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Sunday, September 2, 2012

How Do Living Cells Deal With Changes in pH? Buffers!



A Biology Lab Favorite for Me....and My Students Love It, Too!!

The chemical reactions that occur within living cells are required for life, but often result in creating a hazardous work place for the cell.  The internal pH of most living cells is close to 7, and even a small change in pH can be harmful.  Many of the reactions of the cell cause changes in pH that can place the life of the cell in jeopardy. Thankfully, cells can produce buffers which help to maintain a stable pH inside of living cells.

The technical definition of a buffer is:  "A substance that consists of acid and base forms in a solution and that minimizes changes in pH when extraneous acids or bases are added to the solution."   A great example of buffers in living systems is seen in human blood.  The pH of human blood is close to 7.4.  A person cannot survive for more than a few minutes if the blood pH drops to 7 or rises to 7.8.  It is critical that the pH of 7.4 is maintained.  The presence of buffers in the blood allows for a relatively constant pH despite the addition of acids and bases.  Buffers minimize changes in the concentrations of H+ and OH- ions.  They do so by accepting hydrogen ions when they are in excess and by donating hydrogen ions to the solution when they have been depleted.

This principle can be demonstrated to your students by a very simple, (but pretty amazing!) lab experiment.  I admit that each school year I really look forward to doing this lab.  It is very easy to set up, doesn't require fancy pieces of lab equipment, works every time, and most importantly, my students are usually very impressed by the results.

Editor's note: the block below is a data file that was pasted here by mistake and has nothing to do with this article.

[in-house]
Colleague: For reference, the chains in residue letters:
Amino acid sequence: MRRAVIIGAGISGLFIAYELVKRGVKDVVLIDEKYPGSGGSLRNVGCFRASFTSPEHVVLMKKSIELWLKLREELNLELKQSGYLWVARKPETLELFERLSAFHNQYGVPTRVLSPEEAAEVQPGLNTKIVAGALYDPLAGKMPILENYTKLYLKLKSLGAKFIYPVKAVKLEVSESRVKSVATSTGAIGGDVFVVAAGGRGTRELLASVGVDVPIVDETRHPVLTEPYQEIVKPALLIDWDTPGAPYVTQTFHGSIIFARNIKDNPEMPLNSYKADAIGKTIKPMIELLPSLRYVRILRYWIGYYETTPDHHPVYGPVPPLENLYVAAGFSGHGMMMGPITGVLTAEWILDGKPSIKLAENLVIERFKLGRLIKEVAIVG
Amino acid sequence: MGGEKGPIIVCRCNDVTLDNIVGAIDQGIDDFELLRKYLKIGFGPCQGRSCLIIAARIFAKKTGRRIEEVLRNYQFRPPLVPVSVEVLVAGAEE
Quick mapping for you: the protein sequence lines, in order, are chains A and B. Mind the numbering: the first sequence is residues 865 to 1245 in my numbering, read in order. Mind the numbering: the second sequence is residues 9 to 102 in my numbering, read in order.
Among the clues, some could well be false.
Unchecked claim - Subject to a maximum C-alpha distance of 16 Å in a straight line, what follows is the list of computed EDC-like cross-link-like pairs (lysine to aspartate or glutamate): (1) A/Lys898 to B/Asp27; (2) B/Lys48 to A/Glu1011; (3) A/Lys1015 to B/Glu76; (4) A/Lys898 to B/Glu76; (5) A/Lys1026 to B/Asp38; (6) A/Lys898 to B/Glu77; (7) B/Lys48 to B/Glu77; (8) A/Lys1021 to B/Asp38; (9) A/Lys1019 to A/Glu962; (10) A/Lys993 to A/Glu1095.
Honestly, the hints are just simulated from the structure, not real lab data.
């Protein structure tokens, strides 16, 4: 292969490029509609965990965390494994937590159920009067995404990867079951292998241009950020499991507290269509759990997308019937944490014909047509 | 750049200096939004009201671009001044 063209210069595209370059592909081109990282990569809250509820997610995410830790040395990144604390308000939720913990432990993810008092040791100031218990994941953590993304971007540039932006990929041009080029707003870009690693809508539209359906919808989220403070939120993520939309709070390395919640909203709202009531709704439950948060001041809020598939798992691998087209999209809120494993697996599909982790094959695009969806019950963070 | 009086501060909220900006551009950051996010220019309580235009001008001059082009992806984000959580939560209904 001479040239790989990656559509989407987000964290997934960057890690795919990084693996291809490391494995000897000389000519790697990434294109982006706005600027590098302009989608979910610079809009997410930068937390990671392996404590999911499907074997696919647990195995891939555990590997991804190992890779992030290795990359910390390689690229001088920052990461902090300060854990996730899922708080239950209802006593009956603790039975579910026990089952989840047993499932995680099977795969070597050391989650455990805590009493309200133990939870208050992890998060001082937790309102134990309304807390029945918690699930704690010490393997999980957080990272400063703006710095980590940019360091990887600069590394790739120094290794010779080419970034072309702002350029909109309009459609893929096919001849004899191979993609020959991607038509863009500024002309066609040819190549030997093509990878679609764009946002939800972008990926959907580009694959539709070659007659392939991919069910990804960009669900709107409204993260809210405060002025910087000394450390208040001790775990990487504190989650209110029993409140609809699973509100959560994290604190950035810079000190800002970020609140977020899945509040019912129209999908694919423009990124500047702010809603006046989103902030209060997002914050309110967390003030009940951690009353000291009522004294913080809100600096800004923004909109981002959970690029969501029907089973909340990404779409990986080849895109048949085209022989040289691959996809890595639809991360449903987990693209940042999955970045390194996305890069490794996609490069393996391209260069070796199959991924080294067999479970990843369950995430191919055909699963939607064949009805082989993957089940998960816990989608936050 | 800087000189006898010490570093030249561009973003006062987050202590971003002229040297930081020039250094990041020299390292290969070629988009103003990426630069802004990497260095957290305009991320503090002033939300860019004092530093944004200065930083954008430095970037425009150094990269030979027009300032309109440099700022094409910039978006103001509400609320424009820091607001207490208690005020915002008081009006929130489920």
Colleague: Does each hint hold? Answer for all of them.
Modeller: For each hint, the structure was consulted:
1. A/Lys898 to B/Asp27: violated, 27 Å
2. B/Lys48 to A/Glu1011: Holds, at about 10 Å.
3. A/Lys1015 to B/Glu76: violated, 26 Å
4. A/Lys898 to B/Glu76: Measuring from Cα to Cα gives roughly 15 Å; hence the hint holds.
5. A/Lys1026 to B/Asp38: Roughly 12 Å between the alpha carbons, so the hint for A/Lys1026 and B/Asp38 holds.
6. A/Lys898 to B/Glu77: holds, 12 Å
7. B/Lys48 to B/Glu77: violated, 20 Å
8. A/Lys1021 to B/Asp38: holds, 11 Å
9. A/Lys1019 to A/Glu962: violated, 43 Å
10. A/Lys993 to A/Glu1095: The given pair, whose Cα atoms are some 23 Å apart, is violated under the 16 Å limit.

Here are the key point to the lab:

  • Students begin by placing tap water in a beaker. They add drops of dilute acid one drop at a time and record the pH after each drop.  They repeat a second time, but add a dilute base. Predictably, the pH drops significantly with the addition of the acid and rises significantly with the addition of the base.
  • Now it is time to test living cells.  Students are given a liver solution to which they add drops of acid and base.  There is very, very little change in pH.  Students will often call me over and say that their pH meter is not working because there is so little change in the pH readings.  
  • Students repeat by using a potato solution to show that plant cells produce buffers just as animal cells do.
  • Results are graphed and followed by final analysis questions.
I use the pH meter that you see in the above photo.  These are relatively inexpensive and are pretty durable.  The set that I use has been in use for years, and they are still going strong.  Batteries are easily replaceable, but rarely need to be replaced.  If pH meters are unavailable, this lab can easily be conducted using pH paper.  This lab is suitable for grade 8 and up.  I hope that you will give this lab a try.  You will not be disappointed.

Have fun teaching!




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